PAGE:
So, here’s what I wrote:

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The Arctic: Another World? Opens at Belgian Senate

Dave Walsh The Arctic: Another World?

On Tuesday April 23, 2013, Greenpeace Belgium will launch Arctic: Another World?, a solo exhibition of my polar photography, at the Belgian Senate building in Brussels. Aimed at policymakers, the exhibition runs until the 26th and is not open to the general public – but I’m currently working with Greenpeace and other partners to setup a big public exhibition in Brussels in the coming months – more news on this very soon!

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Arctic Iceberg photo makes front cover of GEO France

Geo France, March 2013, iceberg by Dave Walsh
View it large »

I’m delighted to share these images with you – my picture of an iceberg, made in Nugatsiaq, West Greenland in 2009, has been featured on the front cover of the March 2013 issue of GEO France magazine (circulation 250,000). I made the image, of a high altitude cloud ‘erupting’ over a triple-arched iceberg, while sailing by on the Greenpeace icebreaker, Arctic Sunrise.

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Two and Two Interview

Armchair on Bull Island © Dave Walsh 2009

I’ve done a few interviews recently, all of which have had the unexpected outcome of telling me more about myself, my photography, and my reason for doing things than I had expected. The latest interview was by the insightful writer, photographer and web designer David Moore, who has been a friend and colleague for almost 16 years. We know each other from our days in Dublin. Now, he’s in New Mexico and I’m in Brussels, we had to catch up over Skype, instead of over Guinness in Ryans of Parkgate St.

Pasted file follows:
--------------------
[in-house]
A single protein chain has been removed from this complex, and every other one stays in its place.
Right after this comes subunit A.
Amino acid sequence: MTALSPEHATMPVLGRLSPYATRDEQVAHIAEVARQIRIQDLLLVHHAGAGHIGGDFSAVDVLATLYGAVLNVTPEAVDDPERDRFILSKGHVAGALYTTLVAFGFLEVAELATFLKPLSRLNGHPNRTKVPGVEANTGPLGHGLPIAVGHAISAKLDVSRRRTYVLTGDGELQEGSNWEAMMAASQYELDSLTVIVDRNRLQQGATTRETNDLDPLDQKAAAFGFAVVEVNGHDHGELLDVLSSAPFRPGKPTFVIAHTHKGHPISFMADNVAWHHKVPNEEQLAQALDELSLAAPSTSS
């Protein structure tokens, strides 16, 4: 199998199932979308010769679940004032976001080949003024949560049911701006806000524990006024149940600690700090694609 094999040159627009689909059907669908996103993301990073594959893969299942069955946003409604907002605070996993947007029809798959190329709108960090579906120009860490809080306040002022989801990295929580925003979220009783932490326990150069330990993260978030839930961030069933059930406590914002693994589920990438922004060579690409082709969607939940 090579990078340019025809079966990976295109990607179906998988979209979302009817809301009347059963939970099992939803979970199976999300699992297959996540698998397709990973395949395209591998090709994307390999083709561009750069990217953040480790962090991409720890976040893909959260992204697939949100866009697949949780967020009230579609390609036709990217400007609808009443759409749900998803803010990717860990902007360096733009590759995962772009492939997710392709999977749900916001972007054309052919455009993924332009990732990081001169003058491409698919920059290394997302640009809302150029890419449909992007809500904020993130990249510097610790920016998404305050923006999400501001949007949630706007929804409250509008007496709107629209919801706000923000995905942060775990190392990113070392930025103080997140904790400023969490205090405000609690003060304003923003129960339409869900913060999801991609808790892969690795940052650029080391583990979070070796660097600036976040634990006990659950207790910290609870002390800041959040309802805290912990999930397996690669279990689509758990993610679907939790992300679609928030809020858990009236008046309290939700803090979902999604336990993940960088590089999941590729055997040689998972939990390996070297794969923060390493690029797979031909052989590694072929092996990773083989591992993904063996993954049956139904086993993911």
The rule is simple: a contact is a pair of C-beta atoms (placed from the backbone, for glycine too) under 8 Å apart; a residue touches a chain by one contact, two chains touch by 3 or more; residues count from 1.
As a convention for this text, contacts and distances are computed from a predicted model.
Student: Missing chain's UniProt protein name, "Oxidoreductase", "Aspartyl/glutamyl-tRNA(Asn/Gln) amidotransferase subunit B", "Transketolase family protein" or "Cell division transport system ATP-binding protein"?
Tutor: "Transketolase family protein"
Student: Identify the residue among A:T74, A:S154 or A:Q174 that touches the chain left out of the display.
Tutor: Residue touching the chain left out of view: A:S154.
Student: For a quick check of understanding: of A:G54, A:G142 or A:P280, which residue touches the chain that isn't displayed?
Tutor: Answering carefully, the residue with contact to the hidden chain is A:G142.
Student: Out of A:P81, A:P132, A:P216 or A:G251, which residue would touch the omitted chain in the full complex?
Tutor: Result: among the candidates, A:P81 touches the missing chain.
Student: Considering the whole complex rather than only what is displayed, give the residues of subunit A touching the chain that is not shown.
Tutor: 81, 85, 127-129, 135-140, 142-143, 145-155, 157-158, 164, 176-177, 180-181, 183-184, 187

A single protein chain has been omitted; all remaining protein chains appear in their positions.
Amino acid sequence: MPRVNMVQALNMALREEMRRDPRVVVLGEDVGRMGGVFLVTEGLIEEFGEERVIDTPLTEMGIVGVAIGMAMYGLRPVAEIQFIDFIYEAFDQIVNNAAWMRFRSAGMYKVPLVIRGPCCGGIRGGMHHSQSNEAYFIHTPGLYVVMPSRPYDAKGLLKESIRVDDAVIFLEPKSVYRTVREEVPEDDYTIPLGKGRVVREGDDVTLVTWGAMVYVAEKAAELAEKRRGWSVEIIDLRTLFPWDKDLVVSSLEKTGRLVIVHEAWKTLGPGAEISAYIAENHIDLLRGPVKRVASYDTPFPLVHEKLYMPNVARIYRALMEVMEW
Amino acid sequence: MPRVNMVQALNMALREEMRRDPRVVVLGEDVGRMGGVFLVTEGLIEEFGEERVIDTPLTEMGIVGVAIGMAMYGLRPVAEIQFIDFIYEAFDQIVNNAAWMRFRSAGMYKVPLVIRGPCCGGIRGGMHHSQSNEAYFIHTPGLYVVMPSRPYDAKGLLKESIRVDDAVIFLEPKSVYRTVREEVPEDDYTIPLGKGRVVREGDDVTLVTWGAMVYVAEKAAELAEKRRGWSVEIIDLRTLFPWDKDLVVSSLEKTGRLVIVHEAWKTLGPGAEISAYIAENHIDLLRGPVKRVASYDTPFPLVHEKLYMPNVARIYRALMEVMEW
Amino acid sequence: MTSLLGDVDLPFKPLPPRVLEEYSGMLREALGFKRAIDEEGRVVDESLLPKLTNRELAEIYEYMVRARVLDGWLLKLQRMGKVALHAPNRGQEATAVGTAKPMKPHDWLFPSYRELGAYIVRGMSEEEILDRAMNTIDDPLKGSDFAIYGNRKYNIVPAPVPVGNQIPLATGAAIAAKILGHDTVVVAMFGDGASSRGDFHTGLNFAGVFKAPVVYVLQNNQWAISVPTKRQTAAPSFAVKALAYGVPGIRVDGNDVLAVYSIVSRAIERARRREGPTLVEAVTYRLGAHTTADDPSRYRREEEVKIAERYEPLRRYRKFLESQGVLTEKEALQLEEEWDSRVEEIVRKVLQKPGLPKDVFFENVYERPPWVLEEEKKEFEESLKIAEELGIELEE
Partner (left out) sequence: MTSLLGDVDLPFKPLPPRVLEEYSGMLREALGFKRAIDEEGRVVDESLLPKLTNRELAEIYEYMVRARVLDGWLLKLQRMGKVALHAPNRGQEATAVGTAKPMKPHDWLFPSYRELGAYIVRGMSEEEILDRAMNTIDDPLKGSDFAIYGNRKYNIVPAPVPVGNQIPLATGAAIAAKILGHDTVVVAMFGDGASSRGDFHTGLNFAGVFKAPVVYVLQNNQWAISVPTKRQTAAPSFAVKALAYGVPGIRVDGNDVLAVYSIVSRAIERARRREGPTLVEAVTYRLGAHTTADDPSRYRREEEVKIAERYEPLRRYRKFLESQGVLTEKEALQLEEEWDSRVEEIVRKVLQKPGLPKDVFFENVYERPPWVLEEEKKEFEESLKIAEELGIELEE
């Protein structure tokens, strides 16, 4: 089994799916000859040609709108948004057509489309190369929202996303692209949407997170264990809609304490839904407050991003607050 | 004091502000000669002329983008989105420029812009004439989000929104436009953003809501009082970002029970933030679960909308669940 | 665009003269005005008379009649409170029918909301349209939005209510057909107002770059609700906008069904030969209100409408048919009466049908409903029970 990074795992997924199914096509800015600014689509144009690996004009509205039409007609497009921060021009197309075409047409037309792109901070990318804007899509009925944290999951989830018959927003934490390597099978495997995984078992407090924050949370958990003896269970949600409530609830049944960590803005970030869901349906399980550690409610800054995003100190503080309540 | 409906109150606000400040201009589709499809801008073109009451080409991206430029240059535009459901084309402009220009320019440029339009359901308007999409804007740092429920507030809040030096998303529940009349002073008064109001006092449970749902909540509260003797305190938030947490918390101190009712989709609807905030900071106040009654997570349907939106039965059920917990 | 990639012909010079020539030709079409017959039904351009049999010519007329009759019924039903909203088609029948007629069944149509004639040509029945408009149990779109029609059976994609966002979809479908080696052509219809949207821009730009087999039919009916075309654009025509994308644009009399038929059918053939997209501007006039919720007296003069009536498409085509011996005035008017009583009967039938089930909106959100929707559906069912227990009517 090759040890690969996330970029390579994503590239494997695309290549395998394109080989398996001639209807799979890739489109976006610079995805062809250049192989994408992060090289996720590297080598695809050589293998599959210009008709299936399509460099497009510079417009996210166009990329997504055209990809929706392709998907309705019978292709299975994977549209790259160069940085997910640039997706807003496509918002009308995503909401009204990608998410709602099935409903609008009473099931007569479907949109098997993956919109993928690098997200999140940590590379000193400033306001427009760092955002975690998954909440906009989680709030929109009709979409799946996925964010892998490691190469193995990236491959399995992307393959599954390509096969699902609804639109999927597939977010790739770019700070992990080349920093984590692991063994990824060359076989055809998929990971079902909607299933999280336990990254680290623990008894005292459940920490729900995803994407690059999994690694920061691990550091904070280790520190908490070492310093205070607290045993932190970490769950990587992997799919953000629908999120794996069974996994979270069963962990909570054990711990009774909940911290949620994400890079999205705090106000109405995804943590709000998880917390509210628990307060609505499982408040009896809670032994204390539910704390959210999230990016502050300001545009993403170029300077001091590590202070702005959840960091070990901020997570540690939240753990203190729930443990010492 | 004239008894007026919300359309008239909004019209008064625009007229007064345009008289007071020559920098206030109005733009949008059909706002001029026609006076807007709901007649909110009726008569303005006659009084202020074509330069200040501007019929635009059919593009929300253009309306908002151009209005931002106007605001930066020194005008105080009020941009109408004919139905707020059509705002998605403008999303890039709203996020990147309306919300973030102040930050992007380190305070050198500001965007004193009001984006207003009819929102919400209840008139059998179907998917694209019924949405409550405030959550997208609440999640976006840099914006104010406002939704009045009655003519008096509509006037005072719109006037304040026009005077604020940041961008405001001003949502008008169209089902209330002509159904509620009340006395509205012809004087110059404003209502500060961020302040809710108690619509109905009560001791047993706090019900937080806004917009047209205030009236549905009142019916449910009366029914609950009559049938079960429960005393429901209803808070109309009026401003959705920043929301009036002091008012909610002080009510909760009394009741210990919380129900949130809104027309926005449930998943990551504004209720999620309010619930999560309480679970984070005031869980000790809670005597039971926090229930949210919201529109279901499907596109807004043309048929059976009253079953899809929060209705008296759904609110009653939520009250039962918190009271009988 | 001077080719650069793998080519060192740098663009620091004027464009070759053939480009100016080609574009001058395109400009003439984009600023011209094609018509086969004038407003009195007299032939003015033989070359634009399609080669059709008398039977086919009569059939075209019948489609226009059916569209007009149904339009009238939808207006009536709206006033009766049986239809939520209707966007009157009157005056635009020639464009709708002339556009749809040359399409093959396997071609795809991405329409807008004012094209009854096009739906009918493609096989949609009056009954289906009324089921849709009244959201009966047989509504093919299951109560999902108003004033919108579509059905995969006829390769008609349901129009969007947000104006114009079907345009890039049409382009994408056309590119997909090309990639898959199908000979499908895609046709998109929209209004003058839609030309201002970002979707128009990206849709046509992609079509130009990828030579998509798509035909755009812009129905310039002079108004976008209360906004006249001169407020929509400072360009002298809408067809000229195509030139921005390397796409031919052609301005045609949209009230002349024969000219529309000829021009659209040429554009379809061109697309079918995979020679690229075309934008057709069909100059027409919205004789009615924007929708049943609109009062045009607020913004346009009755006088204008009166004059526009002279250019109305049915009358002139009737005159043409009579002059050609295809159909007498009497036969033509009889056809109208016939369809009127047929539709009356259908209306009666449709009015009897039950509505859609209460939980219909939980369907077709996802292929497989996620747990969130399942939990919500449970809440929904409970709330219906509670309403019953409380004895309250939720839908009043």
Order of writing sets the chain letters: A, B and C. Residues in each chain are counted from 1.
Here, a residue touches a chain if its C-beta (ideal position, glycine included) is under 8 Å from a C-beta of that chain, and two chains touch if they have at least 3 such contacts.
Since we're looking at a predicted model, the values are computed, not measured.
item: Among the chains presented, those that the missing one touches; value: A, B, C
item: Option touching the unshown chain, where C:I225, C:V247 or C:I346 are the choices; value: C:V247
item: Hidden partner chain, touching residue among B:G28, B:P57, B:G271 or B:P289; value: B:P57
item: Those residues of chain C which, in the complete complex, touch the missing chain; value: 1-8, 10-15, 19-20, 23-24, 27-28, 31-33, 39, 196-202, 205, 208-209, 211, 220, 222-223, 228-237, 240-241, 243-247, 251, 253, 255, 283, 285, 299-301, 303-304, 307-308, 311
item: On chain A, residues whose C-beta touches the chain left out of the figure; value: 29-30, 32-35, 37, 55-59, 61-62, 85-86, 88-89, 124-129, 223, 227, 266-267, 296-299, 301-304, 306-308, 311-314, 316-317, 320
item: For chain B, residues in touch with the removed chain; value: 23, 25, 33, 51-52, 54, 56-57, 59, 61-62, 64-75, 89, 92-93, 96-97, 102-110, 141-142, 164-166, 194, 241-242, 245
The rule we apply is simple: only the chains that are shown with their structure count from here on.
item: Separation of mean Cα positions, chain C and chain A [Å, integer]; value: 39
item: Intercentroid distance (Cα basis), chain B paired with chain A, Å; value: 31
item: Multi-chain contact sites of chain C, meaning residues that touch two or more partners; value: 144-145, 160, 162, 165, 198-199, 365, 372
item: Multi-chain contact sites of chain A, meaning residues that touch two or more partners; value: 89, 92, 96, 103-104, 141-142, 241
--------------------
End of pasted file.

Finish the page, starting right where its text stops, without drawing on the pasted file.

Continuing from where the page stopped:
David has devised a simple, and intriguing interview format: each photographer suggests two of their own images and two by other photographers, and David asks questions about the photographer’s relationship with each.

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A Micronation Once Again: The Saltee Islands, Wexford

Atlantic Puffin, Saltee Islands, Wexford

Off the coast of southeast Ireland lie the two small Saltee Islands. Their simple, low-slung landscapes, four or five kilometres of the Wexford fishing village of Kilmore Quay belie their layers of history, folklore and bizarre stories. On approach, there are few warnings of the extent of the islands’ abundant wildlife, but more than 220 species of birds live, nest, or migrate through the Saltees, including gannets, fulmars, kittiwakes, puffins, shearwaters, razorbills and guillemots, all completely unfussed by human visitors. Curious grey seals eat fish scraps from the hands of fishermen, and stalk daytrippers who walk the cliffs – their big doe eyes staring up plaintively from the azure waters below.

Nothing is ordinary here. So I didn’t write anything ordinary.